book cover: Bewilderment by Richard Powers

Caleb Scharf, director of astrobiology at Columbia University, writes that the “puzzle of ‘what life really is’ might be the ultimate goal of astrobiology—we don’t just want to know whether or not we’re alone in the universe, we want to understand what we really are.”

Here Scharf describes how “the profoundly interconnected goals of astrobiology form a central theme of Bewilderment, a new novel by Richard Powers.” He describes it as “an immersive and astonishing book, a novel where the state of our world, and others, is a central anxiety for its protagonists.”

Lost perspective? Try this linguistic trick to reset your view

Social psychologist Ariana Orvell, assistant professor of psychology at Bryn Mawr College in Pennsylvania, explains how distanced self-talk, the “process of reflecting on one’s self using parts of speech that are typically used to refer to other people,” can help us align “our thoughts, feelings and behaviour with our goals.”

The most common example of distanced self-talk occurs when we address ourself either by name or in the second person (“you”). This process produces psychological distancing that allows us to change perspective, to “move beyond our default, egocentric perspective, and consider our thoughts and feelings from the stance of a more objective observer.” Such a shift in perspective can help to promote reasoning, to increase willingness to search for compromise, and to recognize the limits of our own knowledge.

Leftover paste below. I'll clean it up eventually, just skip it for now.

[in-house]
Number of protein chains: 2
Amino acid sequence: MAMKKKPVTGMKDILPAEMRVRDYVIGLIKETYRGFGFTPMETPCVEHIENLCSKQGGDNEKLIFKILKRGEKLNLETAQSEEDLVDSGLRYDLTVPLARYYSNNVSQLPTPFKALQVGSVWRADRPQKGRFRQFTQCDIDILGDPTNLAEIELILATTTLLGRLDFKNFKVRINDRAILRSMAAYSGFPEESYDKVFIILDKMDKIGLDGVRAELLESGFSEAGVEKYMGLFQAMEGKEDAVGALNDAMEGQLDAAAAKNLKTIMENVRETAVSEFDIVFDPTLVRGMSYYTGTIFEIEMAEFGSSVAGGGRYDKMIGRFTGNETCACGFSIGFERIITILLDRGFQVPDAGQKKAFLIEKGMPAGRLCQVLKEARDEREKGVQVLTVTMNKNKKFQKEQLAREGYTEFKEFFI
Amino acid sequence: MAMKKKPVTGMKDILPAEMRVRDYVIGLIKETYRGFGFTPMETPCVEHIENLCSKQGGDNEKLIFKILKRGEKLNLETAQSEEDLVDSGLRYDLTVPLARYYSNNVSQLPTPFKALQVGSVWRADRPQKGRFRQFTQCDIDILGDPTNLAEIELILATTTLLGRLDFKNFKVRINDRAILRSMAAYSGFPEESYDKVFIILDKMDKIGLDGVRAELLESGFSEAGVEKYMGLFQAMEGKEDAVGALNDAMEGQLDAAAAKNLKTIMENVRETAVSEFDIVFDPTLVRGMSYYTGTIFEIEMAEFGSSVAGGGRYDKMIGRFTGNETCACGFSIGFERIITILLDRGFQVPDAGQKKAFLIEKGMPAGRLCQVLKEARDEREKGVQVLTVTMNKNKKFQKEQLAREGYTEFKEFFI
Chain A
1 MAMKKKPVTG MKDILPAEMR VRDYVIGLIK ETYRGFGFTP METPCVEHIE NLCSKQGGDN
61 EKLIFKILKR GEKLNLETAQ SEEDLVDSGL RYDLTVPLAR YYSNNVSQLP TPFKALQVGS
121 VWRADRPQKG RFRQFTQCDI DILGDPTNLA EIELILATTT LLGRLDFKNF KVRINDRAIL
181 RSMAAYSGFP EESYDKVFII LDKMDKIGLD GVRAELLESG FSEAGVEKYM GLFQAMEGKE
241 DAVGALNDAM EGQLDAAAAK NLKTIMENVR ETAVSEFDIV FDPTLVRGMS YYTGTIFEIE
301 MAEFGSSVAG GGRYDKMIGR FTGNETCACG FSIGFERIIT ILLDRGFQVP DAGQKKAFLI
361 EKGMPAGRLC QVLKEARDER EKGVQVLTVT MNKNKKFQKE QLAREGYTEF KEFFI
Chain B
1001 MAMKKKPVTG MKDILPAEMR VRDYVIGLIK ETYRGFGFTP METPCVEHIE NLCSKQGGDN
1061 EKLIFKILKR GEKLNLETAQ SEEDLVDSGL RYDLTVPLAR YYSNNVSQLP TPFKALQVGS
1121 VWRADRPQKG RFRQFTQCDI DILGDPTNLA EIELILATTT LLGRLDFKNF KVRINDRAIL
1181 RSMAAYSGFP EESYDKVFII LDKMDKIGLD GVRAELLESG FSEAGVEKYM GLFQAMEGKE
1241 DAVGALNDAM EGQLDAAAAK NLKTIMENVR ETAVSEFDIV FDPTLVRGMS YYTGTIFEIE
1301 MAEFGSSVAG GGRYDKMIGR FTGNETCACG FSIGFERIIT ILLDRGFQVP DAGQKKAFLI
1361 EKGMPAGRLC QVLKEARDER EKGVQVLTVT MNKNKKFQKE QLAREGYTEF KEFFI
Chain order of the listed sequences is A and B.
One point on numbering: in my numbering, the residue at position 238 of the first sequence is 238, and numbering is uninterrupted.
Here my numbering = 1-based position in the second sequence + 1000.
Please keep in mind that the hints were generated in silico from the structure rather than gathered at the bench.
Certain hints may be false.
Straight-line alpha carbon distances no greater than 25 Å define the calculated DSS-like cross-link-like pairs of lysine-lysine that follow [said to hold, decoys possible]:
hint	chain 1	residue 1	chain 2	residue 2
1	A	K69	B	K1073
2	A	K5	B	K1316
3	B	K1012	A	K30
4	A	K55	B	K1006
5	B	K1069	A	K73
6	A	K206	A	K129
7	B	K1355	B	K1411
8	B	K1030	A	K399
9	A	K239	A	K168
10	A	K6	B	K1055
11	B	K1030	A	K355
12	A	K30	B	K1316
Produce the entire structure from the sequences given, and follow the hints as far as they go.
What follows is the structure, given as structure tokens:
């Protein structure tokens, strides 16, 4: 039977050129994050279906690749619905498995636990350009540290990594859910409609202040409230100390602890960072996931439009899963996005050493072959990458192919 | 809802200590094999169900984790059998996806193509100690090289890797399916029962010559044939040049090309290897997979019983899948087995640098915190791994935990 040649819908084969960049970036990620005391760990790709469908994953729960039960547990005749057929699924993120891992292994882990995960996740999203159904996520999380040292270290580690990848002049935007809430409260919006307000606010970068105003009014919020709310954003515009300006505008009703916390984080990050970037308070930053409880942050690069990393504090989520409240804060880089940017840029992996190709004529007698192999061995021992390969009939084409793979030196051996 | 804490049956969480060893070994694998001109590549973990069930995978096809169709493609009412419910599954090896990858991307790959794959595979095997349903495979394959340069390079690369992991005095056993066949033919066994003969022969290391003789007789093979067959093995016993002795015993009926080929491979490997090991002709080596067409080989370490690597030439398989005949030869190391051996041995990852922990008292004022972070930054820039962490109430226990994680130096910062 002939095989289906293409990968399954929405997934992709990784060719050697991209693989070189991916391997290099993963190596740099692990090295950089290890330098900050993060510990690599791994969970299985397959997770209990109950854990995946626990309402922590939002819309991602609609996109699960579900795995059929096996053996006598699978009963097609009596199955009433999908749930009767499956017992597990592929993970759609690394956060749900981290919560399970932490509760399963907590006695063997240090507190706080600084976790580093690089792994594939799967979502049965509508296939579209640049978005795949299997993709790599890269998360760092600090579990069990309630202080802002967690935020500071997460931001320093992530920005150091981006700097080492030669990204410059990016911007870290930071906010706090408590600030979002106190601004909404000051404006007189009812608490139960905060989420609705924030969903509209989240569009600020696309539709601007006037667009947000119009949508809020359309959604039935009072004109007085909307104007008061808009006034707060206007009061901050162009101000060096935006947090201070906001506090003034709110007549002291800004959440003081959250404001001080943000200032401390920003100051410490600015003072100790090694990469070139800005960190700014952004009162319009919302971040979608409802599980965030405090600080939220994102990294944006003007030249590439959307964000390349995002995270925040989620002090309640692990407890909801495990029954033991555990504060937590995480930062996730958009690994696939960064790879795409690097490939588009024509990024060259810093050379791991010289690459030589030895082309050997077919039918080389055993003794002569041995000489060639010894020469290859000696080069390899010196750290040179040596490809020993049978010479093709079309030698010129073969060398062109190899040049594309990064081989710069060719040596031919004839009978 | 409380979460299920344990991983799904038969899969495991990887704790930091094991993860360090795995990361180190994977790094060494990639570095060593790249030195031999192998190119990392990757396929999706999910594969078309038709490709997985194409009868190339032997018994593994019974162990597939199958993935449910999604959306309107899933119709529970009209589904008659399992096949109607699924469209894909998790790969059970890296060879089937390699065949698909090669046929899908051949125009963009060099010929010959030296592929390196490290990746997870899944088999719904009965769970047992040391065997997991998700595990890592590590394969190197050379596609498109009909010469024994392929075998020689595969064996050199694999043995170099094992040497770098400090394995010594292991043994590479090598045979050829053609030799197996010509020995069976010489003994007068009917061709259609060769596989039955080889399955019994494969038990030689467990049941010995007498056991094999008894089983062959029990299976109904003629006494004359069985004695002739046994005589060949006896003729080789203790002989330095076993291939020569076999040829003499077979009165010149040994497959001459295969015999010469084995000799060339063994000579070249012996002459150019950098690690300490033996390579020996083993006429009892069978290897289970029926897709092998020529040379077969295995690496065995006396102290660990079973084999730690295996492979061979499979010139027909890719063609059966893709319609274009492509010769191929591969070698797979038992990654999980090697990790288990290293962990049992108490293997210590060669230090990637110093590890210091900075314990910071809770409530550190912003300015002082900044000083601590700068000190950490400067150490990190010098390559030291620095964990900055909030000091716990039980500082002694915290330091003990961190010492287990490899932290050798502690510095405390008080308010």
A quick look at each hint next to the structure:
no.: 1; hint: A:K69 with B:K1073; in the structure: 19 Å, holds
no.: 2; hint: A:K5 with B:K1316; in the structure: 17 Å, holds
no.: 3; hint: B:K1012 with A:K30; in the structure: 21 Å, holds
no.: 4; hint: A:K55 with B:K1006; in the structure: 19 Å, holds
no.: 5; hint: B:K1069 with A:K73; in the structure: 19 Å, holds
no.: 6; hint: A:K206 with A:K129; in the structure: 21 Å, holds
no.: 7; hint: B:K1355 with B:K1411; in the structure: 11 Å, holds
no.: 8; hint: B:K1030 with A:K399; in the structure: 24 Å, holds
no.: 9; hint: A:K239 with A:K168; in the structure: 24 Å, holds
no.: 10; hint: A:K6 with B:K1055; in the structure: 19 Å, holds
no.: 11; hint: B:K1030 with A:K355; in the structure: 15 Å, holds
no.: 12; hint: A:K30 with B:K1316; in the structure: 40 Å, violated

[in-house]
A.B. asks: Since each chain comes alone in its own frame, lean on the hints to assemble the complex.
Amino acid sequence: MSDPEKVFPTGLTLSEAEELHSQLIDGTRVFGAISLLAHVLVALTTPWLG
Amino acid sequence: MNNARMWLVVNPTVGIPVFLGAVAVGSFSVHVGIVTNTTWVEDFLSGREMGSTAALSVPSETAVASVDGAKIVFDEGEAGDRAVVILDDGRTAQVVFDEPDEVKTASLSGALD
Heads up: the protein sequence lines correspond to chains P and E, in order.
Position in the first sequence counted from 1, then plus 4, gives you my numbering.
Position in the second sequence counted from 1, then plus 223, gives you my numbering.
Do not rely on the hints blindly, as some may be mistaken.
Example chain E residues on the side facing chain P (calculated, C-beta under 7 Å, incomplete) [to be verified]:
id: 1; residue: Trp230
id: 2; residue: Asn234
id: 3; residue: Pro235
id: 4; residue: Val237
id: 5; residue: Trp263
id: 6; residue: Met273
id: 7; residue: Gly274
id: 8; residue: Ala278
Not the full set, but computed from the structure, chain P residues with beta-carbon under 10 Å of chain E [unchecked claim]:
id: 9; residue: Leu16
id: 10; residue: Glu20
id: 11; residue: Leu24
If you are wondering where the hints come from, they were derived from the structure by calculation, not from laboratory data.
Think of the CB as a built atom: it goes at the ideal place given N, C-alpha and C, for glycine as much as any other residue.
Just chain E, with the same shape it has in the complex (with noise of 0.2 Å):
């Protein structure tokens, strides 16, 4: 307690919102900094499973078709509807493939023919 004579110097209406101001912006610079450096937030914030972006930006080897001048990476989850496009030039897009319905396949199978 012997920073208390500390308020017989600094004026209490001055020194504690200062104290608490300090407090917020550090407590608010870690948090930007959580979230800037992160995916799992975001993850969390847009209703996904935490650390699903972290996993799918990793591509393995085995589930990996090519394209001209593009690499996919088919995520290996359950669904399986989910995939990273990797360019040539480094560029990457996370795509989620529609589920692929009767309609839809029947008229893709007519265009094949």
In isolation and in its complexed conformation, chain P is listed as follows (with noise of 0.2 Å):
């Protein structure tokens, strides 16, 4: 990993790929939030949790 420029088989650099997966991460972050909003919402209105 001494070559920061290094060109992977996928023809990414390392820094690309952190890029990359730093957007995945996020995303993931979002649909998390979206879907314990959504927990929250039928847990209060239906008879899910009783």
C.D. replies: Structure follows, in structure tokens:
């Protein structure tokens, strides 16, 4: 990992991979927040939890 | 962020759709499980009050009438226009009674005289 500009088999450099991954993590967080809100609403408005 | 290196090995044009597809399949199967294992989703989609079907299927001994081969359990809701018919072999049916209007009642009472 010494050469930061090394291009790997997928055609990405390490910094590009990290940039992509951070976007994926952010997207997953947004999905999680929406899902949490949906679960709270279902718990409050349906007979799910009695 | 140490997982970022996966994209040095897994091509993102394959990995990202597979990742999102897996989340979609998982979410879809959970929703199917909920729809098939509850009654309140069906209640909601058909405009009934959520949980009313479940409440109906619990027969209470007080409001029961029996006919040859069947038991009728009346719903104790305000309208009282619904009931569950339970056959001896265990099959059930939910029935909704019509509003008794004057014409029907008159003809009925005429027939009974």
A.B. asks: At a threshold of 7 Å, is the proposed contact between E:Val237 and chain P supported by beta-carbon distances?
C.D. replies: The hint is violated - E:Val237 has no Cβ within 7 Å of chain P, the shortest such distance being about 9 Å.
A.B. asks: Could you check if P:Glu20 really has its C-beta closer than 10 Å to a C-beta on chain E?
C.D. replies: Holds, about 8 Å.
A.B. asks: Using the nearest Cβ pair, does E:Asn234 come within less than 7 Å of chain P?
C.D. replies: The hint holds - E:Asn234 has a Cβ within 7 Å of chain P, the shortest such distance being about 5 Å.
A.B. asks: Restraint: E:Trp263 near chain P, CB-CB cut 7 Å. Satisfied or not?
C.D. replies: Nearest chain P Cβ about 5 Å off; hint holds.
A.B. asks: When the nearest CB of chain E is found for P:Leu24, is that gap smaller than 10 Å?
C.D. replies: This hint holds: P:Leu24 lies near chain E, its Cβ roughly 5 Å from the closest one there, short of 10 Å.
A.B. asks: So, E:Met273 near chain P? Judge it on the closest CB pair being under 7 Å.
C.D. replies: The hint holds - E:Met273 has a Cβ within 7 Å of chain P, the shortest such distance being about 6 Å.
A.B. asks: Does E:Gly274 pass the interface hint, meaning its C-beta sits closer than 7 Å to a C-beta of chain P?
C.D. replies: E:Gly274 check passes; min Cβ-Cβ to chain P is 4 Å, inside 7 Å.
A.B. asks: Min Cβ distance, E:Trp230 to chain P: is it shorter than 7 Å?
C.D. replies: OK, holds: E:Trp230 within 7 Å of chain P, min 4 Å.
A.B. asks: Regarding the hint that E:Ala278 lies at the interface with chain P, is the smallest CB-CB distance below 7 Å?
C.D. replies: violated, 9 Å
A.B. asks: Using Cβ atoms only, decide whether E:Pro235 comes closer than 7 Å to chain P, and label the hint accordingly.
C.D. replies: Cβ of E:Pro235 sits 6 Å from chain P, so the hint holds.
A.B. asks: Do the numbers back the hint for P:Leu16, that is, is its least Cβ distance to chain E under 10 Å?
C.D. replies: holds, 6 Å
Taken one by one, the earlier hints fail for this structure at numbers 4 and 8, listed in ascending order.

‘Imagine’ at 50: Why John Lennon’s ode to humanism still resonates

Sociology professor Phil Zuckerman writes:

As a scholar of secularism and a devout fan of the Beatles, I have always been fascinated by how “Imagine,” perhaps the first and only atheist anthem to be so enormously successful, has come to be so widely embraced in America. After all, the U.S. is a country that has – at least until recently – had a much more religious population than other Western industrialized democracies.

The Roe Baby

“Norma McCorvey, the plaintiff in Roe v. Wade, never had the abortion she was seeking. She gave her baby girl up for adoption, and now that baby is an adult. After decades of keeping her identity a secret, Jane Roe’s child has chosen to talk about her life.”

This deeply moving article by Joshua Prager is adapted from his recently published book The Family Roe: An American Story.

© 2021 by Mary Daniels Brown

Last Week’s Links

Psychologists say a good life doesn’t have to be happy, or even meaningful